Poetry : Hymns of Karbala

Hymns of Karbala

Hymns of Karbala

 
Listen to the author recite Hymns of Karbala :

Hymns of Karbala

The 1990s were the years of El Niño,
the Golden Age of hip-hop,
the Gilded Age of commerce.
The Roaring Nineties
brought opulence,
decadence,
and freshly minted robber barons
on the information superhighway.

The landscape awash with ideas,
brimming with innovation,
the nation
prospered in the 1990s,
the years of El Niño.

The pitter-patter percussion
of raindrops
on corrugated rooftops
lulled me to sleep.
Saturated in dreams,
my mind
spilled at its banks,
thanks to the bountiful
blessings
dressed as precipitation.

Mountaintops glistened
like emeralds green,
vibrant troves
popping and alive,
rain dancing
in abundance
and bliss.

But listen to the
mountains today,
and you’ll hear the hymns
of Karbala.

Drenched with thirst
and hunger,
the mountains are parched,
yet awakened
from slumber.

Today,
it’s brown thatches and chaffs,
as rainfall graphs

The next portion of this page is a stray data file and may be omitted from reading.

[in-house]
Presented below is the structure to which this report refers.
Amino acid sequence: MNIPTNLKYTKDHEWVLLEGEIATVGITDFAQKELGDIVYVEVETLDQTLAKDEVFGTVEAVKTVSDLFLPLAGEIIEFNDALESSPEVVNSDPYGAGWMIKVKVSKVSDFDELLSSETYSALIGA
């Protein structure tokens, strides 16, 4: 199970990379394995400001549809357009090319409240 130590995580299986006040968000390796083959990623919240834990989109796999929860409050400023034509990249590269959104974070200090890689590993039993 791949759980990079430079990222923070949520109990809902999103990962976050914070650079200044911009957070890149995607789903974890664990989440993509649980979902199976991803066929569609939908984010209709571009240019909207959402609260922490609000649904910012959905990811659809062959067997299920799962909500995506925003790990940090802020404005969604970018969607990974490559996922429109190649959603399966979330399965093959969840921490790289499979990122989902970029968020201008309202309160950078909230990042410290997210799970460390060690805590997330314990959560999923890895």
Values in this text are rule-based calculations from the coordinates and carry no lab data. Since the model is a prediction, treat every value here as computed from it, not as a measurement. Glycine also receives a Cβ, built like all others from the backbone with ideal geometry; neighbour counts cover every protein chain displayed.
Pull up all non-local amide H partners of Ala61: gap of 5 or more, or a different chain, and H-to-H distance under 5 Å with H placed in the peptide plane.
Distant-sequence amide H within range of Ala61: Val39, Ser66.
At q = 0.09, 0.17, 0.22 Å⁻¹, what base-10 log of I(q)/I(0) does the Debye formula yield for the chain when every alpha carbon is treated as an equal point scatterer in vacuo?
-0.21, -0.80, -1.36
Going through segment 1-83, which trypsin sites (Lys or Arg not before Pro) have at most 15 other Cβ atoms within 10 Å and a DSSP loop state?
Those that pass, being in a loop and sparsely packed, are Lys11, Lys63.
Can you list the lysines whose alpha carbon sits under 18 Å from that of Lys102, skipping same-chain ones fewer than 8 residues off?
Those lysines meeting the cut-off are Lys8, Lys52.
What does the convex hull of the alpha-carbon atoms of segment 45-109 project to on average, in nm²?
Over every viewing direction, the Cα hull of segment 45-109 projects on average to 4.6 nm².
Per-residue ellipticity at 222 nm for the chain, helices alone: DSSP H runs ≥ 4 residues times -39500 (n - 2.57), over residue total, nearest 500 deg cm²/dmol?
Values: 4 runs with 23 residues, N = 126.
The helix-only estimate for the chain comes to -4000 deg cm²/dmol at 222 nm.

drop precipitously,
and the Golden State
dulls to sleep
in a Dust Bowl haze.

See,
ice is born
in arid deserts
where
the waters of time
move
like days in a sandglass,
where
reflection pools
evaporate,
leaving molasses quicksand.

The murky cauldron
of seething despotism
cools,
and gurgling whisperings
fool us
through vented tar sands.

I clasp my hands in kunut
raised to the cosmos.

A caravan of 72,
of me and you,
of babies, women, and men,
of brethren and sistren,
of family and kin,
traverse galaxies,
irrigating soils with
prayers and red tears.

We are thirsty for Justice,
hungry for freedom
from the frigid ice.

Ice is born
in frostbitten hearts
on hills of capitals,
where
politricks rap
with stick-up kids
deranged,
where tyrants
rearrange maps
for profit gain.

Yes, this is
where ice
is born.

But we melt this ice,
on everyday,
in every land,
and geysers gush
on Ashura
for our thirst
and hunger
in this caravan
to You.

Peace.

———————————
Imrul Mazid is an educator residing in Oakland, California. He worked in youth development in New York City, where he earned his Master’s from Teachers College, Columbia University. Imrul’s favorite number is 14.

Advertisements